There have been calls by building owners for their MAs and FMCs to pass on to them, partially or wholly, the payouts received under the Jobs Support Scheme (JSS).

The advisory said that MCSTs and building owners should not ask for discounts on contract fees simply because their MAs and FMCs receive wage support through the JSS.

“The JSS is intended to help enterprises retain their local employees during this period of economic uncertainty.”

MAs and FMCs are not regarded as labour suppliers that should pass JSS payouts to their clients, it added.

Labour suppliers are typically only responsible for providing manpower to their clients and have no further responsibilities to provide professional management services.

The situation is different with outsourced service providers (like MAs) that contract with MCSTs, which, as service buyers, typically do not have direct control over the employment and deployment of specific workers.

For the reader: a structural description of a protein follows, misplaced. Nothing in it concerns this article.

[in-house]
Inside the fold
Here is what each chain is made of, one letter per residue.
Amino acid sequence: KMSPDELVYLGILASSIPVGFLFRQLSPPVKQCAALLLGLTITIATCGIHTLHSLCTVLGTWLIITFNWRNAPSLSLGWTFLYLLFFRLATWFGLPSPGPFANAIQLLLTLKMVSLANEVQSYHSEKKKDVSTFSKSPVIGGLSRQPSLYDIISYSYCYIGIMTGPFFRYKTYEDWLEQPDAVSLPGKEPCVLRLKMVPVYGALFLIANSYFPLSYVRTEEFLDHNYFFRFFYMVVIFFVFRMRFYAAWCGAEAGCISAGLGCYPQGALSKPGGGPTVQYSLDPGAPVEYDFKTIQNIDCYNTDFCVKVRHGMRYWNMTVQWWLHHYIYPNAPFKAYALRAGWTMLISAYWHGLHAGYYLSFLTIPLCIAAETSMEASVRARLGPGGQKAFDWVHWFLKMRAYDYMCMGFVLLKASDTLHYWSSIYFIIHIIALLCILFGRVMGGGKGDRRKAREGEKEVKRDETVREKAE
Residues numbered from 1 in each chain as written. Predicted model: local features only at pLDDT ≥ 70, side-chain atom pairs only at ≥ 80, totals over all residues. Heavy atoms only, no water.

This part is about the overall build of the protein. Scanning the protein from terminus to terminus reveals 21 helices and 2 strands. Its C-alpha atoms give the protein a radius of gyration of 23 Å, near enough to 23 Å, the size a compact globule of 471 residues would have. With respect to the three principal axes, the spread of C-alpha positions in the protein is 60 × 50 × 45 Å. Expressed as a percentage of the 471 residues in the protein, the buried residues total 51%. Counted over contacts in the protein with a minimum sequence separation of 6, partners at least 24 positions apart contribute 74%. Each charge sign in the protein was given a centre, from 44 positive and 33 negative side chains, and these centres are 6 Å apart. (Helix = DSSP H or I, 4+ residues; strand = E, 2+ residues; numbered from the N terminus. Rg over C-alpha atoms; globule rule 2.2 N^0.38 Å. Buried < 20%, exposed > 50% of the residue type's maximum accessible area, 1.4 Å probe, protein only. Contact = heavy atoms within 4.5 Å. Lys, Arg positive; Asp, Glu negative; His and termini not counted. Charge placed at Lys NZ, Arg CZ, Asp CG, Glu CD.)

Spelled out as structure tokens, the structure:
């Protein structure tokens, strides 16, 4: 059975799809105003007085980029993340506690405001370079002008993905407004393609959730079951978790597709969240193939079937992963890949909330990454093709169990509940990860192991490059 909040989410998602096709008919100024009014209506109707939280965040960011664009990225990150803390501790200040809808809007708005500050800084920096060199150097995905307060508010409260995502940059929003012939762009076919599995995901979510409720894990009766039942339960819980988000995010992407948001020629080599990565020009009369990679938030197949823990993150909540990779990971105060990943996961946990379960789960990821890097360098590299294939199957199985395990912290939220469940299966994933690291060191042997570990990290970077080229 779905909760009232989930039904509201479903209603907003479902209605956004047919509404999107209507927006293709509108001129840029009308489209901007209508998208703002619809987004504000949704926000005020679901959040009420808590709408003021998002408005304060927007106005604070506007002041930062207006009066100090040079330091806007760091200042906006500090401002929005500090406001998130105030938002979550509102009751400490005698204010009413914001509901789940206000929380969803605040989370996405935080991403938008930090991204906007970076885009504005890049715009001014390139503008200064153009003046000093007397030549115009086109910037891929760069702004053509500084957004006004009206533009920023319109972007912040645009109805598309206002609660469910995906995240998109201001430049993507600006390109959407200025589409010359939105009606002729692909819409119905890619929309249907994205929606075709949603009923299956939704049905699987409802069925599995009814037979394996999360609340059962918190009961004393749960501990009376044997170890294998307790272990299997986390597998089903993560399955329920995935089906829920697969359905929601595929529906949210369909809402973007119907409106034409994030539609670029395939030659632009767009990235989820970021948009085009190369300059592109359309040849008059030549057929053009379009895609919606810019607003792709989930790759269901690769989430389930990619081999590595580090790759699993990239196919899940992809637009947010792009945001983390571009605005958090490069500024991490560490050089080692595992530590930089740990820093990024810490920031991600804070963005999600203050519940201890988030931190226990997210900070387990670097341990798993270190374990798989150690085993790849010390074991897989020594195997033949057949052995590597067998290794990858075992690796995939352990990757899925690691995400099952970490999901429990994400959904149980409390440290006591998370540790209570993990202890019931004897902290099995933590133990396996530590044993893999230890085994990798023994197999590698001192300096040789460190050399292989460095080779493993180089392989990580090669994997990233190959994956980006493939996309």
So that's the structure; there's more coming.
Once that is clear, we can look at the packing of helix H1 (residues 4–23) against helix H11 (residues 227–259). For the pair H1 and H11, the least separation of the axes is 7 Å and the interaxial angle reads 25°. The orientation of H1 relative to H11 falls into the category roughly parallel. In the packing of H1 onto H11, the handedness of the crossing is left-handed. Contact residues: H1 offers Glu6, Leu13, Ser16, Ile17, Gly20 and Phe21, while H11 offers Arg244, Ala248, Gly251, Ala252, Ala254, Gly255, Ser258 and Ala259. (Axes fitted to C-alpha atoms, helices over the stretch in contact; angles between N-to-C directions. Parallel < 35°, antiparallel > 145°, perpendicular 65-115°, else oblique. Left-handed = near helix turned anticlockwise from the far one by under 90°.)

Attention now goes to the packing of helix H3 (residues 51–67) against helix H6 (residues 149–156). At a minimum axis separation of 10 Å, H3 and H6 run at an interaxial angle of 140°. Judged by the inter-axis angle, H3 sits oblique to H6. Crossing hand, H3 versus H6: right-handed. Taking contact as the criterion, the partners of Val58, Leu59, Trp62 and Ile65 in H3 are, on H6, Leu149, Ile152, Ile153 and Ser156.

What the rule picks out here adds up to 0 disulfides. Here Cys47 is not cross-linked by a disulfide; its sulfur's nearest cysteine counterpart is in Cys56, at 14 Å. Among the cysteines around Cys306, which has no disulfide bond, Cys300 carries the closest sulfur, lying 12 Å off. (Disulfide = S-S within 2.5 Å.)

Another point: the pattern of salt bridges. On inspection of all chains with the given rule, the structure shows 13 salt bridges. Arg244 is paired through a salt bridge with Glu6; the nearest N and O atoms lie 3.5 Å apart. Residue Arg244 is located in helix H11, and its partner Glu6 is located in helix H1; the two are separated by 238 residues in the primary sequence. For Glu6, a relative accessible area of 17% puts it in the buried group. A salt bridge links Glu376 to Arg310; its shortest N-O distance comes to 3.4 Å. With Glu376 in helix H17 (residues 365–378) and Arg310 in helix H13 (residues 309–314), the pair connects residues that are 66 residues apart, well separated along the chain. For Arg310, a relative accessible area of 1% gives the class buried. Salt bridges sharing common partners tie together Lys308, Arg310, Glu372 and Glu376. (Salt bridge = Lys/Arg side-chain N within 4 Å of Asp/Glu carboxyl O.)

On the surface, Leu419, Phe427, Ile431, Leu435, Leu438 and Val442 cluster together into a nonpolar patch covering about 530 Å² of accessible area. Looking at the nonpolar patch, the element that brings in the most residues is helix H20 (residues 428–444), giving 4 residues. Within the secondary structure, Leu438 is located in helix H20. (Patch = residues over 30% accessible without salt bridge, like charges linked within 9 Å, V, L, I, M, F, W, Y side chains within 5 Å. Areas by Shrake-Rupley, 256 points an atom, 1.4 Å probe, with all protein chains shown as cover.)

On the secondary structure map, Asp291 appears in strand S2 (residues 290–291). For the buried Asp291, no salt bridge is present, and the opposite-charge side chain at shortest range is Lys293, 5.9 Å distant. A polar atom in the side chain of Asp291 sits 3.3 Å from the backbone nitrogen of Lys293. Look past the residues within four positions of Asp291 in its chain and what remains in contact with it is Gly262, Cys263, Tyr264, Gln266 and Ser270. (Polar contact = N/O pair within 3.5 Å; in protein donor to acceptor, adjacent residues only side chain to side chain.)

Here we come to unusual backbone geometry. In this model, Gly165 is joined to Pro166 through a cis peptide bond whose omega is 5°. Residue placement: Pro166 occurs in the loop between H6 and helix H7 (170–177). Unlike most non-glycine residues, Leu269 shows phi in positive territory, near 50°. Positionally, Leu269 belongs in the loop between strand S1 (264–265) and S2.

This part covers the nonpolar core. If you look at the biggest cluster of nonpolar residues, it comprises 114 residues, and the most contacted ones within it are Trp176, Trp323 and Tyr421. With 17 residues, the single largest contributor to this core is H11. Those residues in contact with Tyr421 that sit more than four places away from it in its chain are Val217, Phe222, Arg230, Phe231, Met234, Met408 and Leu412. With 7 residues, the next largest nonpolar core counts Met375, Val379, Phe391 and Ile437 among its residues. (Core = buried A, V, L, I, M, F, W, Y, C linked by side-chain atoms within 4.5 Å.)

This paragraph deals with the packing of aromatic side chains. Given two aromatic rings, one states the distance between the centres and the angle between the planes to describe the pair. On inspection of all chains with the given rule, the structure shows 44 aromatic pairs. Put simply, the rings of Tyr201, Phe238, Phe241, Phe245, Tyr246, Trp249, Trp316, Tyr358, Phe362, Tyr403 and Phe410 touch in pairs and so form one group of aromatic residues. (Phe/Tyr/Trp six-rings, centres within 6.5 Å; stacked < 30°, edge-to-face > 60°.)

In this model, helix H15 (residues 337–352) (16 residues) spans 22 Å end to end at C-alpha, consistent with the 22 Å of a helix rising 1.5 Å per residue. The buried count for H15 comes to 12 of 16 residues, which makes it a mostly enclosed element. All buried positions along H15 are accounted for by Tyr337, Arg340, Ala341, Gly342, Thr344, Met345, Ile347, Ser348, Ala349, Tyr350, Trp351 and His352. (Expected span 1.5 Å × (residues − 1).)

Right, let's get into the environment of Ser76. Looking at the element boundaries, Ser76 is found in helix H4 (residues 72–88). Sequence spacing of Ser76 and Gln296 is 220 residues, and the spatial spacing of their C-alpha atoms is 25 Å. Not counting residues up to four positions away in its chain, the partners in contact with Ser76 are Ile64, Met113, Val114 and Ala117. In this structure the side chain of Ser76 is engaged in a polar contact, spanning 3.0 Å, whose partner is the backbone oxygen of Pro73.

The advisory said: “As the key decisions on worker employment rests with the MAs and FMCs, the JSS payouts should be retained by them to help meet their obligations to workers and to support local employment.

“This same principle also applies to government-owned properties which are being outsourced and managed and maintained by the MAs or FMCs. The government agencies do not expect a refund for the JSS payout from their MAs and FMCs,” it said.

During this pandemic, MAs and FMCs are also incurring additional costs in complying with the safe-management measures and in keeping their employees motivated; such costs are not being charged to the MCSTs and building owners, it said.